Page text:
5) Eko's flashback: The tale of the priest-not-priest was undoubtedly the best backstory of them all — a jarring human drama that would have made Eko a compelling character, worthy of his own series, even if you took away the island and all the metaphysical mumbo-jumbo.

4) The first orientation film: The official start of the Dharma mythology, a (notably flawed) explanation for the Swan station's contents and the launch for most of the season's Big Mysteries. We all hung on Dr. Marvin Candle's every word — even if the rather less dramatic, but still compelling, second orientation film in the Pearl station — made us think that everything in the first film was a hoax, and that Marvin Candle was actually someone else.

3) Taking the pulse: Sometimes you can't beat a healthy dose of CGI, and the final moments as Desmond turned the DharmaKey and activated the hatch's “system termination” switch was the most riveting action sequence the show has yet produced. (Yes, even better than the first moments on the beach, passenger-chewing jet engines and all.) The metal swirling about the Swan station as an electromagnetic charge built up, the number counter crumpling and the eerie violet pulse that filled the sky (even if that last bit looked like Roger Corman experimenting with color correction) were the payoff we've been awaiting all season, and probably even longer. It was an affirmation of all the bad juju we assumed the hatch contained, and yet it left a juicy number of cliffhangers: Did Locke and Eko survive? Did Desmond switch control to another system that could prevent further “incidents”? Can the electromagnetic force be controlled? Did this would-be incident down another plane?  The coup de grace was the hatch door flying out of the sky, complete with “quarantine” warning, barely missing Claire.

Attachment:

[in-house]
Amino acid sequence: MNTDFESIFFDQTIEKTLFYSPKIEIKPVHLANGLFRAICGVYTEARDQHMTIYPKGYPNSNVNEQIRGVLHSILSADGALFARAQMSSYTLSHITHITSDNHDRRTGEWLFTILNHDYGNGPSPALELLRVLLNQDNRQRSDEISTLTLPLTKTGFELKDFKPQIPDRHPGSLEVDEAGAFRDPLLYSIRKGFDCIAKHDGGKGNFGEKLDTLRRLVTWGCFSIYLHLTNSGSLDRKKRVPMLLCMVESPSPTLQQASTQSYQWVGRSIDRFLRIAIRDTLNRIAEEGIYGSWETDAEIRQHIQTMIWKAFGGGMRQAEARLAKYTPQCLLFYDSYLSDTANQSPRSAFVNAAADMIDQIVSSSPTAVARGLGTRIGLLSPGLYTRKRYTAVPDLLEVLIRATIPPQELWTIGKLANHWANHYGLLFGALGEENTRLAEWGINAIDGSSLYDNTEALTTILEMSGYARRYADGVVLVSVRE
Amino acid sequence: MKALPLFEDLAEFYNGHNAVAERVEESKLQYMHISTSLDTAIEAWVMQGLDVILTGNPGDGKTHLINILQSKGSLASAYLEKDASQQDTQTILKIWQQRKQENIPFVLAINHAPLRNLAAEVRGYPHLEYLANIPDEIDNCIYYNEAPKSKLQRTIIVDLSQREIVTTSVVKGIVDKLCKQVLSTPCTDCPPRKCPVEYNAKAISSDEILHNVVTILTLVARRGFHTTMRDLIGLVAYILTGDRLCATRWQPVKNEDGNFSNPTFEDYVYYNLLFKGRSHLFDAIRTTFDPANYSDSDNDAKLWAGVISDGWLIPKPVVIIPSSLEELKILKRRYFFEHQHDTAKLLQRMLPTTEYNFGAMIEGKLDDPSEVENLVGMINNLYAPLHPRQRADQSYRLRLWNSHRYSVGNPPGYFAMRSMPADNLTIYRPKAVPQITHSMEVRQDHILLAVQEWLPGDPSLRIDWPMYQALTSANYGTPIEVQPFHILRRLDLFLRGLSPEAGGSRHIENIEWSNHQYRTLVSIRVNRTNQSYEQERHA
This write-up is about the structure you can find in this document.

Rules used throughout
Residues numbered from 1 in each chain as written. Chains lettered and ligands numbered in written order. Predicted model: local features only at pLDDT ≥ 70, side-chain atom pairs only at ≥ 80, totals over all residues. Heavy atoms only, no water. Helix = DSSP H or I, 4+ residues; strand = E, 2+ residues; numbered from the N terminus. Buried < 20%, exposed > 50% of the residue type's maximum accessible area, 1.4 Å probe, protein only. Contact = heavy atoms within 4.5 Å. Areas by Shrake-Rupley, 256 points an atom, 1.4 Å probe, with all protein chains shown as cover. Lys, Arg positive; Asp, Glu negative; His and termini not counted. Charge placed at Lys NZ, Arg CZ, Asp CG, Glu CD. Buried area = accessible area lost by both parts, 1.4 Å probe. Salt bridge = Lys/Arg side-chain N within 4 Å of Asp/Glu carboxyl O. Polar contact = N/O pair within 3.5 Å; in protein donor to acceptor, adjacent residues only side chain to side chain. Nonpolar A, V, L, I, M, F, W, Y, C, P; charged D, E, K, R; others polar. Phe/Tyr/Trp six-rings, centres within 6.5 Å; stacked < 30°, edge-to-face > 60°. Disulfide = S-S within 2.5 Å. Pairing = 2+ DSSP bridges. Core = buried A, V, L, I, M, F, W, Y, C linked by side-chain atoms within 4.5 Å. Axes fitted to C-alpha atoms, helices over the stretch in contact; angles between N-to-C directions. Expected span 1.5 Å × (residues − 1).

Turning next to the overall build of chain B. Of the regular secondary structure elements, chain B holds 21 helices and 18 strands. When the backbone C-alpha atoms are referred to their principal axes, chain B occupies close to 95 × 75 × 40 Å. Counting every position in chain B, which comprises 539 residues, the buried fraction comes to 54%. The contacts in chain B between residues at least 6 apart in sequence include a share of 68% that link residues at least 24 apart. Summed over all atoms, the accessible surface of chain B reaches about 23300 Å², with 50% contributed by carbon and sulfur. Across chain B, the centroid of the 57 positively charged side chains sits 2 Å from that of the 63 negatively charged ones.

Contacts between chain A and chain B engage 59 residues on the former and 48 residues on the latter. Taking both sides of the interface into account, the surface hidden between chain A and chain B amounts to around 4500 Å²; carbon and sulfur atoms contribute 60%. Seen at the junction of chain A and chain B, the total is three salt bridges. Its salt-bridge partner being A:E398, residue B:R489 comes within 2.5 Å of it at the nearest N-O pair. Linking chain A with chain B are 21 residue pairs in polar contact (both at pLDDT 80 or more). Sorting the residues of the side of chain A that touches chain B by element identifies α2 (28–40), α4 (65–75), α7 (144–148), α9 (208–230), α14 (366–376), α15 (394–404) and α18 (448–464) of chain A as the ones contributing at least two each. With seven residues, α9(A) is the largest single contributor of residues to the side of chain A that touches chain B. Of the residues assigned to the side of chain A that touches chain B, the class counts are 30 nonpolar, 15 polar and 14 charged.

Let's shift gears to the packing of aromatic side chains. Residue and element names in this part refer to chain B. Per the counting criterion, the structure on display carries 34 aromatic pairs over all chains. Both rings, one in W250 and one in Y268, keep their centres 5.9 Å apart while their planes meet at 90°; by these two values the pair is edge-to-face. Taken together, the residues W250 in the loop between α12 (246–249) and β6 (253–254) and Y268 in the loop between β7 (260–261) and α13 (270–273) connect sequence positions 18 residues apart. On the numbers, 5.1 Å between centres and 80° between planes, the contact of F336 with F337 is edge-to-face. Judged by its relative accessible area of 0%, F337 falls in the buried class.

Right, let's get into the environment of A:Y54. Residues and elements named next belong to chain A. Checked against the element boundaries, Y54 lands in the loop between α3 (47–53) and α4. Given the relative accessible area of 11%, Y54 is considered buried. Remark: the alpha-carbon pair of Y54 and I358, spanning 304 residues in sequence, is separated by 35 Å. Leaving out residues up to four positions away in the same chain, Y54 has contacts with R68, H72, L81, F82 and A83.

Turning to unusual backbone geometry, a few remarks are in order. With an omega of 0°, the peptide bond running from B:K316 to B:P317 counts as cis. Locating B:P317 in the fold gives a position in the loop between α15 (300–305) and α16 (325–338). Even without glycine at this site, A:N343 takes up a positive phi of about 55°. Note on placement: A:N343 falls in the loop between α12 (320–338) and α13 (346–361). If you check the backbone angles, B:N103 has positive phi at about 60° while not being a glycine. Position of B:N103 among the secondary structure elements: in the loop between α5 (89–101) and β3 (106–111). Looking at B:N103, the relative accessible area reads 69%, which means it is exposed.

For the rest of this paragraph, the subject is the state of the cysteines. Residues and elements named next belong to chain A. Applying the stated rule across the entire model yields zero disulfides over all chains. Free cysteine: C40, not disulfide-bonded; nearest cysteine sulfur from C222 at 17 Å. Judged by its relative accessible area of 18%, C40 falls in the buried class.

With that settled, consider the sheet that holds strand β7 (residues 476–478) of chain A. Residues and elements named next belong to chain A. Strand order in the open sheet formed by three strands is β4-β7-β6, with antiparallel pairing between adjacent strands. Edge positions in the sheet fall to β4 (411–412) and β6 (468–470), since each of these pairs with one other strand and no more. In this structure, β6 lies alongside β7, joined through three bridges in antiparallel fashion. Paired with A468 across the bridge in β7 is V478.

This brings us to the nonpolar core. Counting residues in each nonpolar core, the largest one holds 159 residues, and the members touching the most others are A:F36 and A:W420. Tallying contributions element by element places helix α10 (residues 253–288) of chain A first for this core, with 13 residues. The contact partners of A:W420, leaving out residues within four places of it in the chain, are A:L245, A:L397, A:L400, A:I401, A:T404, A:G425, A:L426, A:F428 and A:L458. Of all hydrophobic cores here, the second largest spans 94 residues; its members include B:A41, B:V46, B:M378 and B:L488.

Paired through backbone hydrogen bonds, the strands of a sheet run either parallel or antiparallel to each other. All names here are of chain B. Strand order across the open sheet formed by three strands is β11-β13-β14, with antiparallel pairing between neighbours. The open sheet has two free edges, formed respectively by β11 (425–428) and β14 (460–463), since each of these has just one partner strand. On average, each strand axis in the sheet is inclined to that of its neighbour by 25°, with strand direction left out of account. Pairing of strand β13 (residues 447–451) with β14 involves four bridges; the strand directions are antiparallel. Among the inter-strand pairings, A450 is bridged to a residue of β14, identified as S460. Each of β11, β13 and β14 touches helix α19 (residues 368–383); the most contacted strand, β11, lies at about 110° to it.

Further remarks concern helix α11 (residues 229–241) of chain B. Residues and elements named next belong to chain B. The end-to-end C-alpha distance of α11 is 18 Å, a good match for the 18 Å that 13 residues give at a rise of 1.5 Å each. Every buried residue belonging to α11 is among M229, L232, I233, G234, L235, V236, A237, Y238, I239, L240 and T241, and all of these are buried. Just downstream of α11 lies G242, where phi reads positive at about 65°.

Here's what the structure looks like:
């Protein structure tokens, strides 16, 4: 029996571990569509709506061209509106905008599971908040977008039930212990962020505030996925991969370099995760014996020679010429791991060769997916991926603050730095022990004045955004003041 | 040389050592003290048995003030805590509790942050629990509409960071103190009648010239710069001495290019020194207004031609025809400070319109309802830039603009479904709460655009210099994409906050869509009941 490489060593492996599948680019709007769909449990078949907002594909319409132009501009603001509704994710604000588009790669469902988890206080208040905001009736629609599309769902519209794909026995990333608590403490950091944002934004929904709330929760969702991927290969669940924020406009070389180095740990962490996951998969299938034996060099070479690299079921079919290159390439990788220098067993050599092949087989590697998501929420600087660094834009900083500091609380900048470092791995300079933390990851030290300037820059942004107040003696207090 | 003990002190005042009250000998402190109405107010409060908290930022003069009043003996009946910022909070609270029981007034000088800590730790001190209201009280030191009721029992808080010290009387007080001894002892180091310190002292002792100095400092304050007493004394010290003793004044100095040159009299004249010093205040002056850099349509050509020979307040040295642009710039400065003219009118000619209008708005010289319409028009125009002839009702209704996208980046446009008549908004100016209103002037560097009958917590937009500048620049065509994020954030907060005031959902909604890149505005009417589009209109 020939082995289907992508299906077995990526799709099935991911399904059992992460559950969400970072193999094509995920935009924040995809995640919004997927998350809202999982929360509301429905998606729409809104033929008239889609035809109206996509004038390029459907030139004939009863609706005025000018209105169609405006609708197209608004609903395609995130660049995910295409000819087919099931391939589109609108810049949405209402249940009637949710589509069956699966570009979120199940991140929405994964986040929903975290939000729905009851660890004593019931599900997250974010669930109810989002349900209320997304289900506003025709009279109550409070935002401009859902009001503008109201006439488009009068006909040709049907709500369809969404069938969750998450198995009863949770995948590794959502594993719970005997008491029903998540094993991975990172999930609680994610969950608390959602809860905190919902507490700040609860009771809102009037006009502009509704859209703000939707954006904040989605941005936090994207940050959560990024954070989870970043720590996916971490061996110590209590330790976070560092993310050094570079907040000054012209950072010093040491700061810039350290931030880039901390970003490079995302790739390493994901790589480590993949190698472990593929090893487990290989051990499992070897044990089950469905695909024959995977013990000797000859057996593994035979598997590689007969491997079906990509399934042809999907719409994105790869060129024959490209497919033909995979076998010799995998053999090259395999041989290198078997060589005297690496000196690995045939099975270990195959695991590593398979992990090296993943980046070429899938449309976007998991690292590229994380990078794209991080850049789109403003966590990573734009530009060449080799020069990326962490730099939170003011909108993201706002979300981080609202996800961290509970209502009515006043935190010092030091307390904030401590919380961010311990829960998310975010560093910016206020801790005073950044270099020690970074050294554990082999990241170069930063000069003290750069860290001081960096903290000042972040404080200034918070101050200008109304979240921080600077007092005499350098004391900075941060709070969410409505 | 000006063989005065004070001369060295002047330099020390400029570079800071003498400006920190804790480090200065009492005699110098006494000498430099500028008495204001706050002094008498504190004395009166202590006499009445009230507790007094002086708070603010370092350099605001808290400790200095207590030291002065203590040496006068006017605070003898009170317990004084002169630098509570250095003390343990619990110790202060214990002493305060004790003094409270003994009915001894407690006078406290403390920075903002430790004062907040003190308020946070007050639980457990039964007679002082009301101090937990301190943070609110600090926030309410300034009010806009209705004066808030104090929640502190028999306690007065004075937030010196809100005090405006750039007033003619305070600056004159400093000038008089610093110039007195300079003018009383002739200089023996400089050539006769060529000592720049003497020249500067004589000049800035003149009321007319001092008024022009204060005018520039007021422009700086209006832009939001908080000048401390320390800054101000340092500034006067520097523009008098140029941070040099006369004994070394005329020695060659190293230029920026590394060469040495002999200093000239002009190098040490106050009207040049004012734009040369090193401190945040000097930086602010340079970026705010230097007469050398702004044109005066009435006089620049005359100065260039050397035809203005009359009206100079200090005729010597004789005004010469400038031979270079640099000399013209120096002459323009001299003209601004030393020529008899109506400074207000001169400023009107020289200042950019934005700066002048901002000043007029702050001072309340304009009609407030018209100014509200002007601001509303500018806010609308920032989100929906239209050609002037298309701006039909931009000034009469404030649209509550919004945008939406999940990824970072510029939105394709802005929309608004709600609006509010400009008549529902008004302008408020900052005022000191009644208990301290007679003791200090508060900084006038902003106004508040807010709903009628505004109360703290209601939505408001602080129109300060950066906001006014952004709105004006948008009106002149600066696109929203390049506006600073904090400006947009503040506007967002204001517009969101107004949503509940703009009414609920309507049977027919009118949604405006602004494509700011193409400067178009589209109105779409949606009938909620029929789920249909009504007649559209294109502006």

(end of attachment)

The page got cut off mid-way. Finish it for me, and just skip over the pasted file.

2) Michael, get your gun: Back from his long disappearance, Michael came back with not one bang but three. Ana Lucia and Libby were in the crosshairs, as was Michael himself. As shocking as the deaths were, far more interesting was the prospect that, as Sayid put it, Michael may have “been compromised.” Boy, did the erstwhile dad's erratic behavior lend credence to that theory, as did the flashback where we saw the Others give him a list of would-be victims to bring. As out-of-the-blue shockers go, this was a stunner. And oddly, it had more emotional impact than Michael's eventual reunion with Walt, which answered nothing and felt a bit hollow after such Michael's impassioned entreaties to save his son.

LOST -- \"Live Together, Die Alone\" - After discovering something odd just offshore, Jack and Sayid come up with a plan to confront \"The Others\" and hopefully get Walt back. Meanwhile, Eko and Locke come to blows as Locke makes a potentially cataclysmic decision regarding the \"button\" and the hatch, on the season finale of \"Lost,\" WEDNESDAY, MAY 24 (9:00-11:00 p.m., ET), on the ABC Television Network. (ABC/MARIO PEREZ) ALEX PETROVITCH, LEONARD EDELSTEINMario Perez / American Broadcasting Companies